Applying for a New Credit Card? Check Your Credit Score First
By Eva Norlyk Smith, Ph.D.
October 29, 2010
After 2009’s slump, credit card offers are back, filling up Americans’ mail boxes at the same inexorable rate as Land’s End catalogs. But whether you’re considering a mailed credit card offer or looking to apply online for a credit card, there are more reason than ever to look before you leap and take this one important step: check your credit score.
Why? Card issuers have tightened lending terms, and by knowing your FICO score, it will be easier to know which credit card offers you qualify for. This, in turn, will prevent you from wasting your time on credit card offers, which lure consumers in with attractive ‘as low as’ teaser interest rates or balance transfer offers, only to issue higher-rate cards to applicants with less-than-excellent credit scores.
Checking FICO scores is easier than ever, and you don’t necessarily have to pay to do it. If you’re fairly confident of your credit score range, simply use one of the free FICO score estimators on the web. If this is your first time checking your FICO score, you may want to invest in getting a copy of your credit score at myFICO.com.
If your credit score is lower than expected, take a careful look at your credit report. The service at myFICO.com automatically includes a copy of the credit report along with the score. Alternatively, pull a free copy of your credit report at AnnualCreditReport.com (consumers are entitled to pull one free copy a year of their report from all three credit rating agencies). If you find any errors potentially pulling down the score, be sure to correct them, and then preferably wait until they’re cleared up before applying for a credit card.
Which Credit Card Does Your Credit Score Qualify You For?
FICO scores fall into a range between 850 for excellent credit to 300 for really, really bad credit. Within this range, there are segments of excellent credit, good credit, fair or average credit, and bad credit. Here’s the range for each and which credit cards each segment qualifies you for:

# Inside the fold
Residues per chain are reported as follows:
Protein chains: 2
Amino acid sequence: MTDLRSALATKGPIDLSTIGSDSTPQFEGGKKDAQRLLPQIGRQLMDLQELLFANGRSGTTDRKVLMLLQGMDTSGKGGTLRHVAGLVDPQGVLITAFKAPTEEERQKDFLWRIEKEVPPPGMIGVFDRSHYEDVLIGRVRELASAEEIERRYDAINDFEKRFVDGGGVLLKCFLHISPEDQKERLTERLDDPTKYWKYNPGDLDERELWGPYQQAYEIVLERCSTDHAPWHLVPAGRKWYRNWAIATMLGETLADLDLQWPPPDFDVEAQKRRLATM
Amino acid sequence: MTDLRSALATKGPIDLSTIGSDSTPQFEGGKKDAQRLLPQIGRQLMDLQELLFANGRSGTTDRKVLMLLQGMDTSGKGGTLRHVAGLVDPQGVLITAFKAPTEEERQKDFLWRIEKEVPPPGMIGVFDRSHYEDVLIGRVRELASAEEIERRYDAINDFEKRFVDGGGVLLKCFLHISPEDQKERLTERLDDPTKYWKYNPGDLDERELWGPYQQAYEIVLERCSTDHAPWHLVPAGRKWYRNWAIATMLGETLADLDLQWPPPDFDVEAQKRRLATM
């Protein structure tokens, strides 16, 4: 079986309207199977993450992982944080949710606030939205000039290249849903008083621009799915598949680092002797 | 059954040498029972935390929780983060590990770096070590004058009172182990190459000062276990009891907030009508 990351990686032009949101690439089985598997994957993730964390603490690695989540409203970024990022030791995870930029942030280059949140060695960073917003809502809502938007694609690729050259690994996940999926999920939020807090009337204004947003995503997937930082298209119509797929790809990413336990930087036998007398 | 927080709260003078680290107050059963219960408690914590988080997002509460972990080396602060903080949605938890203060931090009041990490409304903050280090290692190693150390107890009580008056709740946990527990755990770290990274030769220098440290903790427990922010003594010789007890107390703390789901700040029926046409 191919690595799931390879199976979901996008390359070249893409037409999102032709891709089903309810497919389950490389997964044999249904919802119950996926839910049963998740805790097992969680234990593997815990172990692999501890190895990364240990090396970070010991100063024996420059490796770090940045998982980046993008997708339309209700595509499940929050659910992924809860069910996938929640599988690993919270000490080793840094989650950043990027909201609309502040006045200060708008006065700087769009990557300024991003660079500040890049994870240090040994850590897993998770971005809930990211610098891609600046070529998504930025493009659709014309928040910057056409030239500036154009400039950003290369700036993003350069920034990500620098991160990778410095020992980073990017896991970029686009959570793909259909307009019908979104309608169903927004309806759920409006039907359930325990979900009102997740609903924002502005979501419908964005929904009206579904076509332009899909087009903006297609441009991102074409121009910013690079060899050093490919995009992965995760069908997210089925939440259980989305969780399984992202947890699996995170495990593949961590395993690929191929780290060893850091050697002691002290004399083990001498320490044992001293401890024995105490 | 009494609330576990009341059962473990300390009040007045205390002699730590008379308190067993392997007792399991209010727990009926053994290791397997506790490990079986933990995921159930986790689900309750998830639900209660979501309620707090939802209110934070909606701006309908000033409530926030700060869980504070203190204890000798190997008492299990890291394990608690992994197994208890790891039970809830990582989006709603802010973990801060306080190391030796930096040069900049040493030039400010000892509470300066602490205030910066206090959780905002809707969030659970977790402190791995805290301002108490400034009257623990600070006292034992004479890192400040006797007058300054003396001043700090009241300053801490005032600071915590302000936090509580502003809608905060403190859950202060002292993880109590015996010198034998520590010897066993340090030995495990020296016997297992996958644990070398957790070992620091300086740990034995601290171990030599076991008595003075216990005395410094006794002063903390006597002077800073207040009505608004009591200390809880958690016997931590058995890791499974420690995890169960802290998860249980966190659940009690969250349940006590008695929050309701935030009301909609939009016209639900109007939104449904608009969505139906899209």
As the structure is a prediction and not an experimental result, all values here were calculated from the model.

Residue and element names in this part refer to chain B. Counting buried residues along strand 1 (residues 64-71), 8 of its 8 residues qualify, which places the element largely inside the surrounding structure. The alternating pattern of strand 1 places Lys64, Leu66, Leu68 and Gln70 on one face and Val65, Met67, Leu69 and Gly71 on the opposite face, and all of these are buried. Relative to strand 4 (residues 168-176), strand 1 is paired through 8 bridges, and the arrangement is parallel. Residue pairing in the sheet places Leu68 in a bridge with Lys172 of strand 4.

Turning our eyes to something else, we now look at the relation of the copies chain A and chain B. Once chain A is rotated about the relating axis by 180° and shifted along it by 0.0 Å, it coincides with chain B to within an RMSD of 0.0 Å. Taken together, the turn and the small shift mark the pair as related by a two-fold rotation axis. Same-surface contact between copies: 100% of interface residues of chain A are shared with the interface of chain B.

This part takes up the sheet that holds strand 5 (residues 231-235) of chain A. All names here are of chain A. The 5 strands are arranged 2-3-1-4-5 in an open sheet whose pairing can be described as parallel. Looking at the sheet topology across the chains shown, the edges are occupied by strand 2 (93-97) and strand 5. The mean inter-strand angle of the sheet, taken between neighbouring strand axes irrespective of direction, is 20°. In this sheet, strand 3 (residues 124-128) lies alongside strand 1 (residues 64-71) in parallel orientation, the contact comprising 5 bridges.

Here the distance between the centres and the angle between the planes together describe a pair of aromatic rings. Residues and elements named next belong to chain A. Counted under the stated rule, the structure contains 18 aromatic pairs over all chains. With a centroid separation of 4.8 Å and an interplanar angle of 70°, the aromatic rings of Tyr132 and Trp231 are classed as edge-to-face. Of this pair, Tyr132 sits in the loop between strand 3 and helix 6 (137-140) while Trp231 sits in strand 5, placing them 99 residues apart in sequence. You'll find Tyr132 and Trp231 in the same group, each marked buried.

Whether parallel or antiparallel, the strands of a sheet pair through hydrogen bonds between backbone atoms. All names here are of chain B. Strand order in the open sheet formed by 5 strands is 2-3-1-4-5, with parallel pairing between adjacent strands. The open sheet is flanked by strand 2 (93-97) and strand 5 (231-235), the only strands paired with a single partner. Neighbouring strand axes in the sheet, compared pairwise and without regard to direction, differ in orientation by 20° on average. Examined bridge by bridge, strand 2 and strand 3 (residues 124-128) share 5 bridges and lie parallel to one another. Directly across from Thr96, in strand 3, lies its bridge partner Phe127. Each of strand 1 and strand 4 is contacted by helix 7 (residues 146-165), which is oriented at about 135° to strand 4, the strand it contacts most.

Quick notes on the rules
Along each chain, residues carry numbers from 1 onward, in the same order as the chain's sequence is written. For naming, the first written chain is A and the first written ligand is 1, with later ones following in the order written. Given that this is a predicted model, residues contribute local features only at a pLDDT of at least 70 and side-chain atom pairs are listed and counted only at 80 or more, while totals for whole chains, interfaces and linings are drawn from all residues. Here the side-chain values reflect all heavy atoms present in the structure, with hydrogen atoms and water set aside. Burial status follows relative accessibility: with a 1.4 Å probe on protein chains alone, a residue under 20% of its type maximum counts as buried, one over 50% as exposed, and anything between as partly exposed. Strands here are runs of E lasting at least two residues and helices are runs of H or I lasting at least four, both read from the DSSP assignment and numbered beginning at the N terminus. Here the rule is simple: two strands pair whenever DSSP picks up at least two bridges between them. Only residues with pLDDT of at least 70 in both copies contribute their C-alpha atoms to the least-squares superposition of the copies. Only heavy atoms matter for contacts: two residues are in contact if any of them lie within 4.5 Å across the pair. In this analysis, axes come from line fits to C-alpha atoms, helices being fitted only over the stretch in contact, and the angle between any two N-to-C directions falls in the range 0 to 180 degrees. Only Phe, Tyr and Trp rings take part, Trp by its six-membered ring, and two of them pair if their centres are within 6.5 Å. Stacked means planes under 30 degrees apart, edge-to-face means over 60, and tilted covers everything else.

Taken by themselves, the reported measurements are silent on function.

Excellent Credit—Scores above 750. Only about one third of Americans, or 37.4 percent, have credit scores in the 750-850 range, according to Fair Isaac, the company that originated credit scores. If your score falls into this range, you pretty much have your pick of which credit cards to apply for. Whether it be rewards cards, cash back credit cards, balance transfer cards, or low interest credit cards, you should be eligible for the cards that offer the very best term. If applying online, look for the category of credit cards for people with excellent credit.
Good Credit—Scores between 720 to 750: Before the advent of the economic downturn, FICO scores above 720 were considered excellent credit and sufficient to get approved for credit cards and loans with the very best terms. After two years with record levels of credit card defaults and mortgage foreclosures, however, banks have tightened lending standards, so people who fall into this range generally only qualify for cards for people with good credit. Not only is the number of card options limited in this credit score range, the terms are also more uncertain. Most cards will list APRs in a range from e.g. 12.99 percent to 22.99 percent variable, and unfortunately, applicants won’t know which APR they get until they get approved for a credit card. If your score falls in the low range of good credit, to avoid uncertainty, look for cards that don’t stipulate a range of interest rates.
Fair Credit—Scores from 650 to 720: The number of credit cards for people with fair credit is far more limited, and terms are not as attractive. If you’re in the high end of the fair credit range, i.e. with scores above 700, you may still be able to qualify for some of the credit cards in the good credit category. However, if applying for a credit card offering a range of APRs, expect to get the highest APR. For example, for a credit card offering an APR from 12.99 to 22.99 percent, you’ll be likely to end up in the 22.99 percent range.
Bad Credit—Scores below 650: Scores that fall below 650 are considered subprime credit. If you fall in this category, you can take some comfort in the fact that you’re not alone. A full one third of Americans, or 35 percent, as of April 2010 had credit scores falling in this range, according to Fair Isaac. When scores fall into the subprime category, it’s usually because of some negative financial event, like foreclosures, bankruptcy, credit card defaults, high levels of credit card debt, or seriously late payments.
At this level, look for a credit card for people with bad credit, however, be wary of what you apply for. Many subprime credit cards are expensive and come with onerous terms. Your best option is to go with a credit card for bad credit which is the least expensive and which will also help you rebuild your credit, even if it means starting out with a very low credit limit.